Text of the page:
An easy day-trip out of Perth is the first inland settled town in Western Australia – York. The cute country town in amongst the green rolling hills is a mere 100km from Perth city. It was my first visit to York since moving to WA and I was pleasantly surprised to see signs throughout the town saying “York Wines”.
After some quick research I found out that York Wines is in fact the first commercial boutique vineyard and winery in the Avon Valley The vineyard is about 8kms out-of-town nestled in a secluded valley – the further you drive, the further any city stress seems to be.
The small vineyard grows mainly Cabernet Sauvignon and Shiraz grape varieties. What is unique about York Wines is that they are dry grown vines. This simply means they use no irrigation (they rely on the rain only, which I presume could be a bit stressful since they are located in WA) and no chemicals (they don’t spray anything on the vines). Alongside these practices the married couple behind the winery also use no preservatives in their wine and leave itunfiltered resulting in pretty much ‘a la natural’ wines.
What is also cool about York Wines is that they do everything on the property themselves and literally everything is done in the shed where their cellar door is housed. You can have a good look around at the equipment used and if you ask nicely you can see the barrel room as well as where the bottles are hand labeled and finished off ready for purchase.
The couple behind these friendly ‘naked’ wines is Mick and Jeni Delich who established the vineyard in 1998. Their first vintage release was in 2002. They handpick the grapes, make the wine, bottle the wine, label it all themselves and of course sell it through the cellar door.
They were originally producing 5,000 bottles per year however the 2009 and 2010 vintages were a lot bigger and they began producing 8-9,000 bottles.
The vineyard itself is 6.5acres and alongside the grapes mentioned above they also dabble in growing some Grenache. The Grenache is always late picked so it has higher sugar content.
What I really had to ask when I was chatting with Jeni, was whether or not preservative free wine can age at all? She explained to me that yes they can in fact and what I tried during my visit was actually 2009 and 2010 wines, so they themselves are quite old for this type of wine. This sort of natural wine will last for a maximum of around 4 years and then it will head south. Better for cooking with once it gets to this point.
On the topic of being unfiltered (i.e. not using any byproducts like egg whites, peanuts and fish products) Jeni said she would recommend decanting all their wines as you may find sediment in the bottles.
In terms of aging the wines, York Wines use a range of mediums from stainless steel tanks to American oak and also Croatian oak, which I found rather interesting.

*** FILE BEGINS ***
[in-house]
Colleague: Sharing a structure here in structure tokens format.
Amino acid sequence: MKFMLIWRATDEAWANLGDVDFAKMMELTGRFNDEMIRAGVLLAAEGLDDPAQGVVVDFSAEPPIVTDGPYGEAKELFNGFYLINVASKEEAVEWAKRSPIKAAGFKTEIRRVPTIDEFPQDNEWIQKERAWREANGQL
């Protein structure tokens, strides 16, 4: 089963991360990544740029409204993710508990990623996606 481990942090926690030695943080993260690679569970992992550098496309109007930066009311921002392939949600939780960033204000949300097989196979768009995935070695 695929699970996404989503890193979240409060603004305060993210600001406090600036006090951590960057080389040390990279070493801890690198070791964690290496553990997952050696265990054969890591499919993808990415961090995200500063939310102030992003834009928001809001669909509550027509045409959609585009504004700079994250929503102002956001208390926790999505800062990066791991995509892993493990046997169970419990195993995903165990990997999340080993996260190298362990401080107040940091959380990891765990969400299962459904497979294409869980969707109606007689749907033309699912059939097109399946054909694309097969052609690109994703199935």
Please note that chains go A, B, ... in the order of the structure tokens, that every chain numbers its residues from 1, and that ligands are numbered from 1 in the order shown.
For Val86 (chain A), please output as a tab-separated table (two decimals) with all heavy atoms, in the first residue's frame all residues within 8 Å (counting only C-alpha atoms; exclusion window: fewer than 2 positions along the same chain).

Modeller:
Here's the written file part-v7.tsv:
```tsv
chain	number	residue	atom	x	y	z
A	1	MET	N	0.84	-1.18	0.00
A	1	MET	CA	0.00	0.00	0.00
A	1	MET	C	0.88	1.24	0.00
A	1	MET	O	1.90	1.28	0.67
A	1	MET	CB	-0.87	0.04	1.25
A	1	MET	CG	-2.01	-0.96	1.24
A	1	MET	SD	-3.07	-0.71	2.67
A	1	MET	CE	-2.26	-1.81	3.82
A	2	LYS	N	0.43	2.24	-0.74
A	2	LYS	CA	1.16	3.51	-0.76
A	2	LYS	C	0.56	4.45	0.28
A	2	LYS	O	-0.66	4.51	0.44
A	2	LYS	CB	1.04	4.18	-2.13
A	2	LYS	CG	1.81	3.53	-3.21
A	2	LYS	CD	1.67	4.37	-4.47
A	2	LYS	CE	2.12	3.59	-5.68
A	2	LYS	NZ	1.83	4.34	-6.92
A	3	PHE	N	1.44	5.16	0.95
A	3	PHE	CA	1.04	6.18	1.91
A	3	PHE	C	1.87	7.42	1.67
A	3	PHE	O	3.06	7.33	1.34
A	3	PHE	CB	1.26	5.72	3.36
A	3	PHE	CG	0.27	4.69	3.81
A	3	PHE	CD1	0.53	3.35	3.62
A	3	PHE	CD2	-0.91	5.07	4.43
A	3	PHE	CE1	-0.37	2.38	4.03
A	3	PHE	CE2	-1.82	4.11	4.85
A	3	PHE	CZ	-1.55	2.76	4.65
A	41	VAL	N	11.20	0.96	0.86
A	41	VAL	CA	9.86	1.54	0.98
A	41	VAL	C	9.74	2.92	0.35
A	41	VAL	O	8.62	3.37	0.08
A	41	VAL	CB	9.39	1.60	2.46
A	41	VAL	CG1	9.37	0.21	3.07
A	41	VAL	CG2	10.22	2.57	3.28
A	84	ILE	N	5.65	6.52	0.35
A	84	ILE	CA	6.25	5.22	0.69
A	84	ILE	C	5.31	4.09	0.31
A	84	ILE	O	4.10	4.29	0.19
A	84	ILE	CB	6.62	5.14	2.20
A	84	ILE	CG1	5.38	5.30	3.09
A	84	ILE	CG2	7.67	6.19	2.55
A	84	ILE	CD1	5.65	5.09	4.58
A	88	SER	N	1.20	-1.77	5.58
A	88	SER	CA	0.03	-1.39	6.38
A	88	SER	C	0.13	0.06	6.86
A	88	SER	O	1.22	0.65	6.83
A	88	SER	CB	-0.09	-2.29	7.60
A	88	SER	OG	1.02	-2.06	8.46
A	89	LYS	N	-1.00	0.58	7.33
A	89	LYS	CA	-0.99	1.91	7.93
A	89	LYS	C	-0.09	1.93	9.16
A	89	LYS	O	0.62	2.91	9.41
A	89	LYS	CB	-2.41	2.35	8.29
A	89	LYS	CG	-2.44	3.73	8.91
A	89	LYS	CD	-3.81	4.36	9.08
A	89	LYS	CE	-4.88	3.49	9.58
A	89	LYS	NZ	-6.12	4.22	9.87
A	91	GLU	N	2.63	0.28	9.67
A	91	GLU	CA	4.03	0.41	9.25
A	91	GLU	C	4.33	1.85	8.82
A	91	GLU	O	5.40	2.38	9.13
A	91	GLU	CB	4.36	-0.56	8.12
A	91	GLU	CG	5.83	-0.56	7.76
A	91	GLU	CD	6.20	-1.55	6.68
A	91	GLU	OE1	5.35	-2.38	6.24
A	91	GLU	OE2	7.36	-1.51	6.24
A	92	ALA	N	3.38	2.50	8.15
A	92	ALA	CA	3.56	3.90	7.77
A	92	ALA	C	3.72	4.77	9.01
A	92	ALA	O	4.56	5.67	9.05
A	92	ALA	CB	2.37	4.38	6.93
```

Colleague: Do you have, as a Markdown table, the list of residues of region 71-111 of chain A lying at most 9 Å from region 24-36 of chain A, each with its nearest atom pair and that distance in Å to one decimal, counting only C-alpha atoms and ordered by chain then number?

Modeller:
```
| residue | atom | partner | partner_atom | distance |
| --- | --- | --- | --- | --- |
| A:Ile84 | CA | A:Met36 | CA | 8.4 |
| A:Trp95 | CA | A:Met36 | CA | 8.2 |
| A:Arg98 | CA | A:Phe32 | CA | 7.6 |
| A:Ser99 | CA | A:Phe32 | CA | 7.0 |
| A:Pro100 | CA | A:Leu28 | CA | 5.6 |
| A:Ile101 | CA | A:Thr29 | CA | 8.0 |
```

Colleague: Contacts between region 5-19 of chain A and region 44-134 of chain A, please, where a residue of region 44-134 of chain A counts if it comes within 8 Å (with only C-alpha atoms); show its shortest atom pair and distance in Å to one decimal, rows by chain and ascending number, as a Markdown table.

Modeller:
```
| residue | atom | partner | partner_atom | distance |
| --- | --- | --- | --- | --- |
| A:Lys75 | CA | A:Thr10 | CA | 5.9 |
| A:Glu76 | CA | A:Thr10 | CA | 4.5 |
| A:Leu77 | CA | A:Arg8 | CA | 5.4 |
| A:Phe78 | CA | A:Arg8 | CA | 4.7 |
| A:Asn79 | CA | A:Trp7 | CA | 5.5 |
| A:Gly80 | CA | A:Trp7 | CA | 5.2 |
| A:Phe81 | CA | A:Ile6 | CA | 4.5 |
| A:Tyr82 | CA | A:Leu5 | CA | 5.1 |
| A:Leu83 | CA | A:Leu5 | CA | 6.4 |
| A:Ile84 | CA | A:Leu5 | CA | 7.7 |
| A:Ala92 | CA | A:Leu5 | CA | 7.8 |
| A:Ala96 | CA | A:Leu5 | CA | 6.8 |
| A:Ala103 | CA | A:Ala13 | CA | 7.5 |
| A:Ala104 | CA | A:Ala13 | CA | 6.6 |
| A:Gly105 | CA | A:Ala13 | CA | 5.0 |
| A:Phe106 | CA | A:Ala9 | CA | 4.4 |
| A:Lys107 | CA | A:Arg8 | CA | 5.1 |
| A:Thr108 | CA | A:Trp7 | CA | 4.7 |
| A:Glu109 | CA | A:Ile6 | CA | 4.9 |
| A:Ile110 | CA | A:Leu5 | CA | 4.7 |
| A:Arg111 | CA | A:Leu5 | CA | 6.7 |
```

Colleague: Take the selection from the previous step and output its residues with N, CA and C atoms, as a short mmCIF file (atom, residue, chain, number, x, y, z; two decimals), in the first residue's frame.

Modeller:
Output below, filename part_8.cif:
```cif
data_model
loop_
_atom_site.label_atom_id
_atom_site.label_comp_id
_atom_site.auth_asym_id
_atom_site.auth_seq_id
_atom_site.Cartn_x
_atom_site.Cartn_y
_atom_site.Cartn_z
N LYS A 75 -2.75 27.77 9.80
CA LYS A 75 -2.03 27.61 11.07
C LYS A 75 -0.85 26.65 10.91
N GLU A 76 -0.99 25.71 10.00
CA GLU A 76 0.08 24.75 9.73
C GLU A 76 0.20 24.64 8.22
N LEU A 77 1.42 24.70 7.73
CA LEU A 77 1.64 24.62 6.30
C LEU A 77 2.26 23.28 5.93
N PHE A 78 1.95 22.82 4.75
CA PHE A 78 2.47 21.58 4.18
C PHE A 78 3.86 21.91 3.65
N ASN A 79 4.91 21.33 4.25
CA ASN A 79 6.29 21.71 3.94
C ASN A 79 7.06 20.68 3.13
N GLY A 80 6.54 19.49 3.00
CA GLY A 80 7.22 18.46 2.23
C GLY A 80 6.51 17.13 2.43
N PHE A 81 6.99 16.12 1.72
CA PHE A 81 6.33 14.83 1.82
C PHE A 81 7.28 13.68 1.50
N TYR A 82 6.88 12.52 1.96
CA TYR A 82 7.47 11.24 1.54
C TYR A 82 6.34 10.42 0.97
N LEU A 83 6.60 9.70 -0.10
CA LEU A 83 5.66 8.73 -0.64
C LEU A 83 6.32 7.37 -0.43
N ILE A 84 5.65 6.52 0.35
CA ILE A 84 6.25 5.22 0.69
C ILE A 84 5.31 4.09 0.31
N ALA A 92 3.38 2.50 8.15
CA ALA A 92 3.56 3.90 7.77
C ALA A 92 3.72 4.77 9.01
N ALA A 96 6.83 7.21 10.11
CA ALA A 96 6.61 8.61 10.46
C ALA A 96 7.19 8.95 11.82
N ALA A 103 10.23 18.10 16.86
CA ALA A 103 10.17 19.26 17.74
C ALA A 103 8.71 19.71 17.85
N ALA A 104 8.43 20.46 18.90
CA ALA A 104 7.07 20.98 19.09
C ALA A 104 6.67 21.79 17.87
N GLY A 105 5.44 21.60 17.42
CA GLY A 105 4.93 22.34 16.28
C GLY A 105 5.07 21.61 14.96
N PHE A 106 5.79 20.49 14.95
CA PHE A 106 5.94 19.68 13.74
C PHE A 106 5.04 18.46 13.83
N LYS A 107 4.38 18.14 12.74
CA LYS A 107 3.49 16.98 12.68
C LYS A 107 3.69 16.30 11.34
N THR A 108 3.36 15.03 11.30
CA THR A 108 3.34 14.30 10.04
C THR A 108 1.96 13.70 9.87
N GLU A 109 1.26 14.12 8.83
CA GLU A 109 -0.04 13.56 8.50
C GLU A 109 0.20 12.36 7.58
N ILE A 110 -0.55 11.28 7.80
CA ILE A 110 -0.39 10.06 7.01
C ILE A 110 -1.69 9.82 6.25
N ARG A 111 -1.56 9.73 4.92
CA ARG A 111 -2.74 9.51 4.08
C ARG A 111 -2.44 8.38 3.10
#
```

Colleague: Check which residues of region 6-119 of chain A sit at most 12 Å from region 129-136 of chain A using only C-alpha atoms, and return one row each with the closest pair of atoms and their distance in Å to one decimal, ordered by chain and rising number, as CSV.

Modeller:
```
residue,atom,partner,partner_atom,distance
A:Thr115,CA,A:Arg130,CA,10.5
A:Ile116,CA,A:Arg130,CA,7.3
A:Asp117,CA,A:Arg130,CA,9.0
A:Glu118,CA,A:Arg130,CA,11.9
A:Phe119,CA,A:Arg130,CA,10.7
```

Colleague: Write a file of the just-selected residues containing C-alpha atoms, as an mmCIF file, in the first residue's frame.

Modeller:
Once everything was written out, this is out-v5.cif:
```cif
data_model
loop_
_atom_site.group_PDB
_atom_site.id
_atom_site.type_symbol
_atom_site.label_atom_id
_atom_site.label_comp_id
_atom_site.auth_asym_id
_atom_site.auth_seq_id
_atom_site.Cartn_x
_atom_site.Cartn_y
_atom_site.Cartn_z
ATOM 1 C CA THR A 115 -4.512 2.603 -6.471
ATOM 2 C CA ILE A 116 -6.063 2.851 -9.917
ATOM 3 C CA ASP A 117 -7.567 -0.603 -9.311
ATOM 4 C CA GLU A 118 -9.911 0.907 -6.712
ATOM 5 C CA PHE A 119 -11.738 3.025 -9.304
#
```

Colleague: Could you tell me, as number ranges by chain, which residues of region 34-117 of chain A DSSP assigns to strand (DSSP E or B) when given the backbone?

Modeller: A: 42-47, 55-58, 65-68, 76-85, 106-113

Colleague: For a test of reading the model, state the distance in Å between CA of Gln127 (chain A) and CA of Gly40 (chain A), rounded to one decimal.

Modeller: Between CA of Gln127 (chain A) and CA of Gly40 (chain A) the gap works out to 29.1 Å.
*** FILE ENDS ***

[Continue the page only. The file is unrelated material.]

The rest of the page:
In terms of quality Jeni said she still believes French oak is the best but that Croatian oak is not a bad substitute. I asked why they used Croatian oak and basically it came down to a supplier that lives nearby who actually supplies to a lot of the wineries in the Swan Valley as well. Jeni explained that it is something different and it gives your wines a different dimension. I like to think of it as something new for a wine drinker to experience.
Now let’s get onto the wines. They have 7 reds under their belt these range from full-bodied down to a light-fruity red which is a rose style and Jeni suggested that it is lovely chilled on a summer’s day.
So for my tasting experience I started with the 2009 straight Shiraz produced in stainless steel – I have to admit it wasn’t a favorite. Rather green and harsh on the palate. Next up I moved onto the 2009 aged in Croatian oak, which was 10 times smoother, and I could really pick up on those typical fruit and black pepper flavours of Shiraz coming through. Next up I moved onto the 50/50 Cabernet Sauvignon and Shiraz. I was just about to chuck it straight away when I smelt it’s nail polish remover aroma however the palate was the complete opposite, full of voluptuous sweet fruits. Basically ribena with tannins. Not my cup of tea but I know a few people who will love it.
During my chat with Jeni I also found out that they are actually selling the property, which is rather sad to hear. 2010 was in fact their last vintage however they do hope once the property is sold that the new owners will continue to run York Wines instead of letting it phase out. I hope so too!
To be honest for nearly $30 a bottle, the style didn’t really suit me. However I can image that they would be wonderful wines for people who have allergies (getting flushed from drinking wine), asthmatics, cancer treatment patients, vegans and celiacs due to their natural style.
I would definitely recommend paying York Wines a visit if you’re in the area. It is great to see a completely different approach to winemaking. For further details, please check their website by clicking here.